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THE next morning Challoner's outfit of three teams and four men left north and west for the Reindeer Lake country on the journey to his new post at the mouth of the Cochrane. An hour later Challoner struck due west with a light sledge and a five-dog team for the Jackson's Knee. Behind him followed one of MacDonnell's Indians with the team that was to bring Nanette to Fort O' God.
He saw nothing more of Durant and Grouse Piet, and accepted MacDonnell's explanation that they had undoubtedly left the Post shortly after their assault upon him in the cabin. No doubt their disappearance had been hastened by the fact that a patrol of the Royal Northwest Mounted Police on its way to York Factory was expected at Fort O' God that day.
Not until the final moment of departure was Miki brought from the cabin and tied to the gee-bar of Challoner's sledge. When he saw the five dogs squatted on their haunches he grew rigid and the old snarl rose in his throat. Under Challoner's quieting words he quickly came to understand that these beasts were not enemies, and from a rather suspicious toleration of them he very soon began to take a new sort of interest in them. It was a friendly team, bred in the south and without the wolf strain.
Events had come to pass so swiftly and so vividly in Miki's life during the past twenty-four hours that for many miles after they left Fort O' God his senses were in an unsettled state of anticipation. His brain was filled with a jumble of strange and thrilling pictures. Very far away, and almost indistinct, were the pictures of things that had happened before he was made a prisoner by Jacques Le Beau. Even the memory of Neewa was fading under the thrill of events at Nanette's cabin and at Fort O' God. The pictures that blazed their way across his brain now were of men, and dogs, and many other, things that he had never seen before. His world had suddenly transformed itself into a host of Henri Durants and Grouse Piets and Jacques Le Beaus, two-legged beasts who had clubbed him, and, half-killed him, and who had made him fight to keep the life in his body. He had tasted their blood in his vengeance. And he watched for them now. The pictures told him they were everywhere. He could imagine them as countless as the wolves, and as he had seen them crowded round the big cage in which he had slain the wolf-dog.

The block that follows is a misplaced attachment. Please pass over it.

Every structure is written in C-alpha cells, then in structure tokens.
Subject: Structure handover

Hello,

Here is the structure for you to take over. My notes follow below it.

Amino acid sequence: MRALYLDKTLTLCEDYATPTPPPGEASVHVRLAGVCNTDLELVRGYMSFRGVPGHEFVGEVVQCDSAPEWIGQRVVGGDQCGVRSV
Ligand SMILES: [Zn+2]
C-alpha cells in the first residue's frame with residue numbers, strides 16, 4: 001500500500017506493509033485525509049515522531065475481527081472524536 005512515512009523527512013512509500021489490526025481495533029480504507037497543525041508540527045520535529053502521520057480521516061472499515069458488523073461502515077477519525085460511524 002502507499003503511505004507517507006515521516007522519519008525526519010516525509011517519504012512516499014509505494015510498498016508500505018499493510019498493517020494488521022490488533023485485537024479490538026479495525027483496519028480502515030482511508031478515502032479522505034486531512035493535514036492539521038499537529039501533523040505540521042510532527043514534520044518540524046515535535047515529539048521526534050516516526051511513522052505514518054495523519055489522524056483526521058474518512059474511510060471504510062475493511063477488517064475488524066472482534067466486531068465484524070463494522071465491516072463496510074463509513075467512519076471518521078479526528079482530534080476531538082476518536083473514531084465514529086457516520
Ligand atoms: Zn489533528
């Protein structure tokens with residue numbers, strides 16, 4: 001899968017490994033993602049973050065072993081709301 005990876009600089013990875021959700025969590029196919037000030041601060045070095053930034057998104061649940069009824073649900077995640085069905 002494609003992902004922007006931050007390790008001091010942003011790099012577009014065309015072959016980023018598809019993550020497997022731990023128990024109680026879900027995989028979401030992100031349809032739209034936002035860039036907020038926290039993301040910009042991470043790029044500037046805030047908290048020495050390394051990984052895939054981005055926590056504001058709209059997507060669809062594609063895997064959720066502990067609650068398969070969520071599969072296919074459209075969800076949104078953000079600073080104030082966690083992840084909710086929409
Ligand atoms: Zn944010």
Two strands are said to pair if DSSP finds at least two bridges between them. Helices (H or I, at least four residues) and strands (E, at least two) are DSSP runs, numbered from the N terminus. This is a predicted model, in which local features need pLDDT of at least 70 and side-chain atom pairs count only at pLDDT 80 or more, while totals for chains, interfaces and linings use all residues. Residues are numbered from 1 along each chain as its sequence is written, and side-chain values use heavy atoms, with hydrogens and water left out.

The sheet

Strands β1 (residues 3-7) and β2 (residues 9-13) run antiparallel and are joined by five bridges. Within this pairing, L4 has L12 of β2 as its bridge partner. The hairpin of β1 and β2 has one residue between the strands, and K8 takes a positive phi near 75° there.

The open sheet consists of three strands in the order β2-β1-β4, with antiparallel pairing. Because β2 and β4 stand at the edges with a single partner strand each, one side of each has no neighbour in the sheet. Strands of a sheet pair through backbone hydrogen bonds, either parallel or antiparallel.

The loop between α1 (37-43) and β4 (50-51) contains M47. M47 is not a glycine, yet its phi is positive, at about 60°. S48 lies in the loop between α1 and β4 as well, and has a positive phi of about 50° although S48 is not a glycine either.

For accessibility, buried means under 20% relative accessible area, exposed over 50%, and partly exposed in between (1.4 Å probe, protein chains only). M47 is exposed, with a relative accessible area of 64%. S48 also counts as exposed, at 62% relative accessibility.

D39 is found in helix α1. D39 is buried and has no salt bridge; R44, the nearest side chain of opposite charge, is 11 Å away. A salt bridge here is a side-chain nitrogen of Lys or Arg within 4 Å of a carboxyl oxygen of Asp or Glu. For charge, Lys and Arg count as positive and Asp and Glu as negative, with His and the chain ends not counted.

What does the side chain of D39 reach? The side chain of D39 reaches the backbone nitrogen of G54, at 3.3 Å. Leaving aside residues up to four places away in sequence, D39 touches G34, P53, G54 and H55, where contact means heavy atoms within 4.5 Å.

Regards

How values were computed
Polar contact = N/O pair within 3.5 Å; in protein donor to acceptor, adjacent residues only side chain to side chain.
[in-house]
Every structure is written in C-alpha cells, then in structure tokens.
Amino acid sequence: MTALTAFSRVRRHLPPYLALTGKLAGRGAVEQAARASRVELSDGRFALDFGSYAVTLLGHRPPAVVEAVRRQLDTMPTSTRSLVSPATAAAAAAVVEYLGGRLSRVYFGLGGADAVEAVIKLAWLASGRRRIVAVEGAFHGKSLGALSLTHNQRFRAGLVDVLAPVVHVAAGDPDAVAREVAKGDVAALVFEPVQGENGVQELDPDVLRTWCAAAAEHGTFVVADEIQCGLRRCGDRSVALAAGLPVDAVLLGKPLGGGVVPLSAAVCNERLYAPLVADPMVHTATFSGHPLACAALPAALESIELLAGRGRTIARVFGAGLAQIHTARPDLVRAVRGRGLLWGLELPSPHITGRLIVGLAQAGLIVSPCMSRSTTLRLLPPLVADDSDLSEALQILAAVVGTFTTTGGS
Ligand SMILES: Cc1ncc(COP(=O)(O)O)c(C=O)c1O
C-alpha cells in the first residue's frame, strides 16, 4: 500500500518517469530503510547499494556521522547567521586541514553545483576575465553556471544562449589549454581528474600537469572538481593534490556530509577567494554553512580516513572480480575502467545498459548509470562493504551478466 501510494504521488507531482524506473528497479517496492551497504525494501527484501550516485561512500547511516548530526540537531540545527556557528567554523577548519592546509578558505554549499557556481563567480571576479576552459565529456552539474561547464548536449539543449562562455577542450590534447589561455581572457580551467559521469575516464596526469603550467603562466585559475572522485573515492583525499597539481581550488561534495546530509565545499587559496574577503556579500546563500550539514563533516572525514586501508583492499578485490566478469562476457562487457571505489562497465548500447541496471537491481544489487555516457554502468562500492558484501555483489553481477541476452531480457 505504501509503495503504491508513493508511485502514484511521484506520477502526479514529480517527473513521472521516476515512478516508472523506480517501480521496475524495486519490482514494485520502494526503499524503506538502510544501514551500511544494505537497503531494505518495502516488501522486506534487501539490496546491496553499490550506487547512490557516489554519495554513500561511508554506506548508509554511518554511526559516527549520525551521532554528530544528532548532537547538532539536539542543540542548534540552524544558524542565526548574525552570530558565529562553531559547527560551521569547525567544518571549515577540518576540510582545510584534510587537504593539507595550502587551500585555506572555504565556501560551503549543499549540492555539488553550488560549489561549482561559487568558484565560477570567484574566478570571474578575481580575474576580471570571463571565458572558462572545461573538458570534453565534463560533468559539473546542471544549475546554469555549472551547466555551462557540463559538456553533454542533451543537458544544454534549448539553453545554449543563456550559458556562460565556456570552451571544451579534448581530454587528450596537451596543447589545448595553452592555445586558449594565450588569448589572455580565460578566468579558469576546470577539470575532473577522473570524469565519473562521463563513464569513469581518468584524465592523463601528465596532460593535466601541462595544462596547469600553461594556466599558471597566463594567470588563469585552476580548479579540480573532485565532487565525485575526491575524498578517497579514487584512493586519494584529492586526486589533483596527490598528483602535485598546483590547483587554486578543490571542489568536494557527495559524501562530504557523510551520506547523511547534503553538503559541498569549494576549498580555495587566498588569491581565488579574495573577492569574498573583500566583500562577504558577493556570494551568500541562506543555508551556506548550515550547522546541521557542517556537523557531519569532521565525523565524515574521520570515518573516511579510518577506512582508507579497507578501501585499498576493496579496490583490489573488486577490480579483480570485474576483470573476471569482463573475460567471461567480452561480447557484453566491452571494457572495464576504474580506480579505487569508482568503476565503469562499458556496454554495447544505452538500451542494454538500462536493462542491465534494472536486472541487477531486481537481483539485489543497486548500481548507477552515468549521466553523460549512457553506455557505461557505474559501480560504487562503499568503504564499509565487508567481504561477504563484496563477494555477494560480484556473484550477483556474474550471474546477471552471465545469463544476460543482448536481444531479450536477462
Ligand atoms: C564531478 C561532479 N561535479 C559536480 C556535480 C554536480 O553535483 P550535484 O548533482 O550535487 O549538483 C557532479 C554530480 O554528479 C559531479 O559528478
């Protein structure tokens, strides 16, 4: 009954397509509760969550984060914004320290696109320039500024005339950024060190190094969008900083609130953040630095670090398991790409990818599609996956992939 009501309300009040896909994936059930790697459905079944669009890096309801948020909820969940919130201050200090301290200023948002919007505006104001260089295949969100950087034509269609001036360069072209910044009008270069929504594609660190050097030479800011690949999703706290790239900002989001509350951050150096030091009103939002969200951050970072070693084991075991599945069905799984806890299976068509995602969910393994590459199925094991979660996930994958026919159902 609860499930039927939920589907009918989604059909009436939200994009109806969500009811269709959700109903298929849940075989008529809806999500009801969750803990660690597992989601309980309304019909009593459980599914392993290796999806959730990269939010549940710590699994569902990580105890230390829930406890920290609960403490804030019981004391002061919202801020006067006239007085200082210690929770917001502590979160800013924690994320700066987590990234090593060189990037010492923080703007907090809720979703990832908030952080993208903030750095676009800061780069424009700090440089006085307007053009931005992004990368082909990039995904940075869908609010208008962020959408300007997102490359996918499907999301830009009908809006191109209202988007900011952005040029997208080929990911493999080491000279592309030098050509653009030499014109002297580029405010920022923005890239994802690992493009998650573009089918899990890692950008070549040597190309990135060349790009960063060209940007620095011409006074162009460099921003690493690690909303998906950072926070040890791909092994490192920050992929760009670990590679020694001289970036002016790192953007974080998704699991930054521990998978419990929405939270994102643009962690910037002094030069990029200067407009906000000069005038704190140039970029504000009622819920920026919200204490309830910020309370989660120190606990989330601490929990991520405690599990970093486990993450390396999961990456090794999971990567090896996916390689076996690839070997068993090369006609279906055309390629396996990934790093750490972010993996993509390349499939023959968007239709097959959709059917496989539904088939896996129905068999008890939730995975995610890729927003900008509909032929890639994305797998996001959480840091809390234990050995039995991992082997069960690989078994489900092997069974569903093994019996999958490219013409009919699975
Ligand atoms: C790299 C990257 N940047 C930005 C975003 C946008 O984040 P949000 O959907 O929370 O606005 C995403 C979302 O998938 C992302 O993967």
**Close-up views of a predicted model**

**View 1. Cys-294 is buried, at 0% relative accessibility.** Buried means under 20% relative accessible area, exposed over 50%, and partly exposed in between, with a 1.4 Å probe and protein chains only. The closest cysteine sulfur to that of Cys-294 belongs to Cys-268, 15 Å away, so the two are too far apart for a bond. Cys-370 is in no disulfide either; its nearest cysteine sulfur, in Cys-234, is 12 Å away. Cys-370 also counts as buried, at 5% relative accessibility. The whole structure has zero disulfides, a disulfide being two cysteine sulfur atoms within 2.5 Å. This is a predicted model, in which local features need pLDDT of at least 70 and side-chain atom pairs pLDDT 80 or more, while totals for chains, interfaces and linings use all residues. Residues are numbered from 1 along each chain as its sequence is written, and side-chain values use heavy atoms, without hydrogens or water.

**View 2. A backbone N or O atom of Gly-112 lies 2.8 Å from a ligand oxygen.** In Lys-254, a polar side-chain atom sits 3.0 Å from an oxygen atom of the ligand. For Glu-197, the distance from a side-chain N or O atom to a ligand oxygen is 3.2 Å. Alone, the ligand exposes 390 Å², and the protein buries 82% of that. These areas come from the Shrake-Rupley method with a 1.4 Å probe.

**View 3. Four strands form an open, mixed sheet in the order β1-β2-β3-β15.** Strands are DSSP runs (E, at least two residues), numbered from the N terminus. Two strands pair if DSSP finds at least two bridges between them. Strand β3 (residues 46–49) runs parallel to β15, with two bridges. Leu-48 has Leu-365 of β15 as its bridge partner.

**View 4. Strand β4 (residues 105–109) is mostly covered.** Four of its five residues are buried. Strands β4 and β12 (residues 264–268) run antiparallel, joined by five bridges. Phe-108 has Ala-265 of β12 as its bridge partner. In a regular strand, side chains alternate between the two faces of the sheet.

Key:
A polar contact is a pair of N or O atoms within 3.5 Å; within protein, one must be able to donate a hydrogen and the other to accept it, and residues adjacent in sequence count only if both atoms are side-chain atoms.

In all of this excited and distorted world there was only one Challoner, and one Nanette, and one baby. All else was a chaos of uncertainty and of dark menace. Twice when the Indian came up close behind them Miki whirled about with. a savage snarl. Challoner watched him, and understood.
Of the pictures in his brain one stood out above all others, definite and unclouded, and that was the picture of Nanette. Yes, even above Challoner himself. There lived in him the consciousness of her gentle hands; her sweet, soft voice; the perfume of her hair and clothes and body – the woman of her; and a part of the woman – as the hand is a part of the body – was the baby. It was this part of Miki that Challoner could not understand, and which puzzled him when they made camp that night. He sat for a long time beside the fire trying to bring back the old comradeship of the days of Miki's puppyhood. But he only partly succeeded. Miki was restive. Every nerve in his body seemed on edge. Again and again he faced the west, and always when he sniffed the air in that direction there came a low whine in his throat.
That night, with doubt in his heart, Challoner fastened him near the tent with a tough rope of babiche.